New study identifies top 11 clinical decision support vendors
Seventy-four percent of healthcare provider organizations use clinical decision support technology, according to a new study from Reaction Data relying on CDS to make more informed medication orders (30 percent), lab orders (24 percent), medical imaging orders (20 percent), choosing wisely (13 percent) and other (13 percent).
The report polled interviewed 180 clinical, quality and IT healthcare leaders at in providers nationwide (91 percent were acute care facilities and 9 percent were ambulatory) to assess the state of clinical decision support technology in the U.S. healthcare industry today.
WHY IT MATTERS
Clinical decision support systems are used to help providers make better, safer and quicker decisions at the point of care.
But for all their value, decision support tools "do not come without their own list of struggles," according to the report. "Many companies will employ a standalone CDS solution, and while they are great at what they do, can be hard to integrate with the provider's EHR.
"On the flipside, some may opt for a more basic solution that integrates well with their EHR, but miss out on some of the robust functionality you get from a specific standalone system."
The Reaction Data study particularly matters because it defines the vendor marketplace for clinical decision support systems as used by healthcare provider organizations today.
The top 11 clinical decision support tech vendors in use today are: Cerner (25 percent), EPSi/Allscripts (14 percent), Epic (11 percent), Stanson Health (6 percent), Nuance (5 percent), Premier (5 percent), Truven/IBM (4 percent), Elsevier (4 percent), Zynx Health (3 percent), NDSC/Change (2 percent) and CPSI/Evident (2 percent).
WHAT IS THE TREND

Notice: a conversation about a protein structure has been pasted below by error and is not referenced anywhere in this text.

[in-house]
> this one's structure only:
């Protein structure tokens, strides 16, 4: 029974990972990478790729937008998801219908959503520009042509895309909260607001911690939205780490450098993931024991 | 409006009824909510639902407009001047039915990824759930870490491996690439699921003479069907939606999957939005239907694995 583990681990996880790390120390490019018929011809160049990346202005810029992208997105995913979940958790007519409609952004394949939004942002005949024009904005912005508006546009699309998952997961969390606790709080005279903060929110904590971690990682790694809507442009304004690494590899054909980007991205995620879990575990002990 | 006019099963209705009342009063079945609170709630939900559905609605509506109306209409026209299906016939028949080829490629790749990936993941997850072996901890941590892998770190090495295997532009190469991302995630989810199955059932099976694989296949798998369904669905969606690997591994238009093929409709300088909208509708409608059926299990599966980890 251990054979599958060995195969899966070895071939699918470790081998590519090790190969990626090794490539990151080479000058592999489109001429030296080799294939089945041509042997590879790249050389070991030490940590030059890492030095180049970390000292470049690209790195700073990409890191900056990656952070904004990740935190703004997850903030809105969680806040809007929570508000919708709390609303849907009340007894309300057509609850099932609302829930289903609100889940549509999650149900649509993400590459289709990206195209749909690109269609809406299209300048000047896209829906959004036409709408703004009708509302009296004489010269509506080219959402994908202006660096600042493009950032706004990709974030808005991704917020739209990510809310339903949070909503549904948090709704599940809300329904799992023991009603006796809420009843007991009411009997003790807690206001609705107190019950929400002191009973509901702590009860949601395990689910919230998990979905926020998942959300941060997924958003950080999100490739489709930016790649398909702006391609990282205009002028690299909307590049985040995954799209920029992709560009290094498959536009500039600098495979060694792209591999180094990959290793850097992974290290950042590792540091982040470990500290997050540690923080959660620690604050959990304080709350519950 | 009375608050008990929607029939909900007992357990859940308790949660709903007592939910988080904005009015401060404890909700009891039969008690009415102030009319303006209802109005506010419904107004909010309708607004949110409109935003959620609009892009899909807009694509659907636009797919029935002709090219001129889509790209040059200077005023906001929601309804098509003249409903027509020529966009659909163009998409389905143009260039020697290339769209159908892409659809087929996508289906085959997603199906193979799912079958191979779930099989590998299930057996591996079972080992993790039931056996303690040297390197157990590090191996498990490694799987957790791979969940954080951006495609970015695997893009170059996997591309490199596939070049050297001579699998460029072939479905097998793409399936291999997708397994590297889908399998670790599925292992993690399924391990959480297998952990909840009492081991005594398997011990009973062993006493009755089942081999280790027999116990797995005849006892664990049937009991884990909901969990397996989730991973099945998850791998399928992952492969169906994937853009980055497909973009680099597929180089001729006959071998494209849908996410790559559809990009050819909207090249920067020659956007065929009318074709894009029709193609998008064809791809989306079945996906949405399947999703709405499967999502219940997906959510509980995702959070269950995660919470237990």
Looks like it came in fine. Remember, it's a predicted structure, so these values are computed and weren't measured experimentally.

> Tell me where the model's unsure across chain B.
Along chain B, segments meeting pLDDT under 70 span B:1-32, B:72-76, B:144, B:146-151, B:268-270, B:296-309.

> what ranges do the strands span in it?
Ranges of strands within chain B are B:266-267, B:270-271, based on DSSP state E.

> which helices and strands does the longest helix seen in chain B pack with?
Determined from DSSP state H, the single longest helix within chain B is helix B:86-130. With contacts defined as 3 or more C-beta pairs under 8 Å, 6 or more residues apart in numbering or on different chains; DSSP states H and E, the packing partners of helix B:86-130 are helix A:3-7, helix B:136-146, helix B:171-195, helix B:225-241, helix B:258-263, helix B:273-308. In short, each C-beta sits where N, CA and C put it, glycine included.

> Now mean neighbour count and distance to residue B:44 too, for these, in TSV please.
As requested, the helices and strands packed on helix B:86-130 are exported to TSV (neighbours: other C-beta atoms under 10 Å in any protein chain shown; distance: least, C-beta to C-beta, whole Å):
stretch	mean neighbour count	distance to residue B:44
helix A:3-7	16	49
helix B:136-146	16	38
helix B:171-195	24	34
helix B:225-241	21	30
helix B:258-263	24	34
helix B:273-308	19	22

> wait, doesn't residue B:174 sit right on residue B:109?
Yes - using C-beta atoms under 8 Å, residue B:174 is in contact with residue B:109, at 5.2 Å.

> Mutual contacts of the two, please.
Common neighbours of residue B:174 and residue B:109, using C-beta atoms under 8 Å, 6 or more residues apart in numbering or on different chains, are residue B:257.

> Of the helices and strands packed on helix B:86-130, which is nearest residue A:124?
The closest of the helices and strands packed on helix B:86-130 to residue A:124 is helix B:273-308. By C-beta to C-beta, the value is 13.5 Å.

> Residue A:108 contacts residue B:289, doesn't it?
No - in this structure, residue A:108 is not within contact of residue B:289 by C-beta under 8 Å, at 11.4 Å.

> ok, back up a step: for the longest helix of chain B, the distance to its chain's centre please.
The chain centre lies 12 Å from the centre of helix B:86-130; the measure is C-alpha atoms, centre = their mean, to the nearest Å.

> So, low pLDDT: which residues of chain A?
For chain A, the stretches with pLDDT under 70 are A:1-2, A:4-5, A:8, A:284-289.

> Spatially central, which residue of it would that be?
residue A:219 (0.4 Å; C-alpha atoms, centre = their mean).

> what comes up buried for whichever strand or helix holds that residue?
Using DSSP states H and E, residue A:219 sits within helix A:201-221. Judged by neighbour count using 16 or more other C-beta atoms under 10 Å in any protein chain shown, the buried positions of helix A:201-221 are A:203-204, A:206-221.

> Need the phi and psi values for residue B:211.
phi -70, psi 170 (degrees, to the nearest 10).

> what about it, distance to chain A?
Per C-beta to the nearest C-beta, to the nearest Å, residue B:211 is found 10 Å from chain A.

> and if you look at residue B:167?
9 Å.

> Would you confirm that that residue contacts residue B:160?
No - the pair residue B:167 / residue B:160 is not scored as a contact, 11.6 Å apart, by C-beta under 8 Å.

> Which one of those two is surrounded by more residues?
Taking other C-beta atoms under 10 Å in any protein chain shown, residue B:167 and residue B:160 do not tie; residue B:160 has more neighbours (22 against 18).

More than half (55 percent) of healthcare provider organizations use multiple clinical decision support systems, the Reaction Data study found. When it comes to future plans, 48 percent of organizations plan to keep multiple systems, 26 percent plan to standardize on one platform, and 26 percent are unsure.
At Saint Luke's Health System in Kansas City, Missouri, where transfer patients from various rural and community-based hospitals throughout the area are accepted, the provider noticed increased mortality from sepsis among such patients due to this time-sensitive and deadly condition not being diagnosed early enough.
Saint Luke's worked with vendor Redivus Health to implement a sepsis screening program that operated outside the EHR to proactively address this problem. The nurse transfer team began using the Redivus clinical decision support platform in 2017. The goals of the pilot program were to identify sepsis patients at the transferring facilities, start treatment sooner and improve patient outcomes.
The clinical decision support platform enabled transfer nurses to identify significantly more (200-plus) sepsis cases by providing simple intuitive guidance, and it allowed for patients to receive time-critical treatment before being transported to a higher level of care.
Results of the six-month pilot program were stark. The clinical decision support platform helped identify 150 percent more sepsis patients; it decreased mortality by 30 percent, which led to approximately 20 lives saved; and it correctly identified and treated sepsis, increasing billing income by $70,000 per month.
ON THE RECORD
"Surprisingly, almost half of those (providers) using multiple solutions still see themselves doing so in the future," accorind to the Reaction Data report, Clinical Decision Support 2018. "This either means there's a market for best-of-bread type solutions, or for a newcomer to create a product that providers feel meet all of their CDS needs."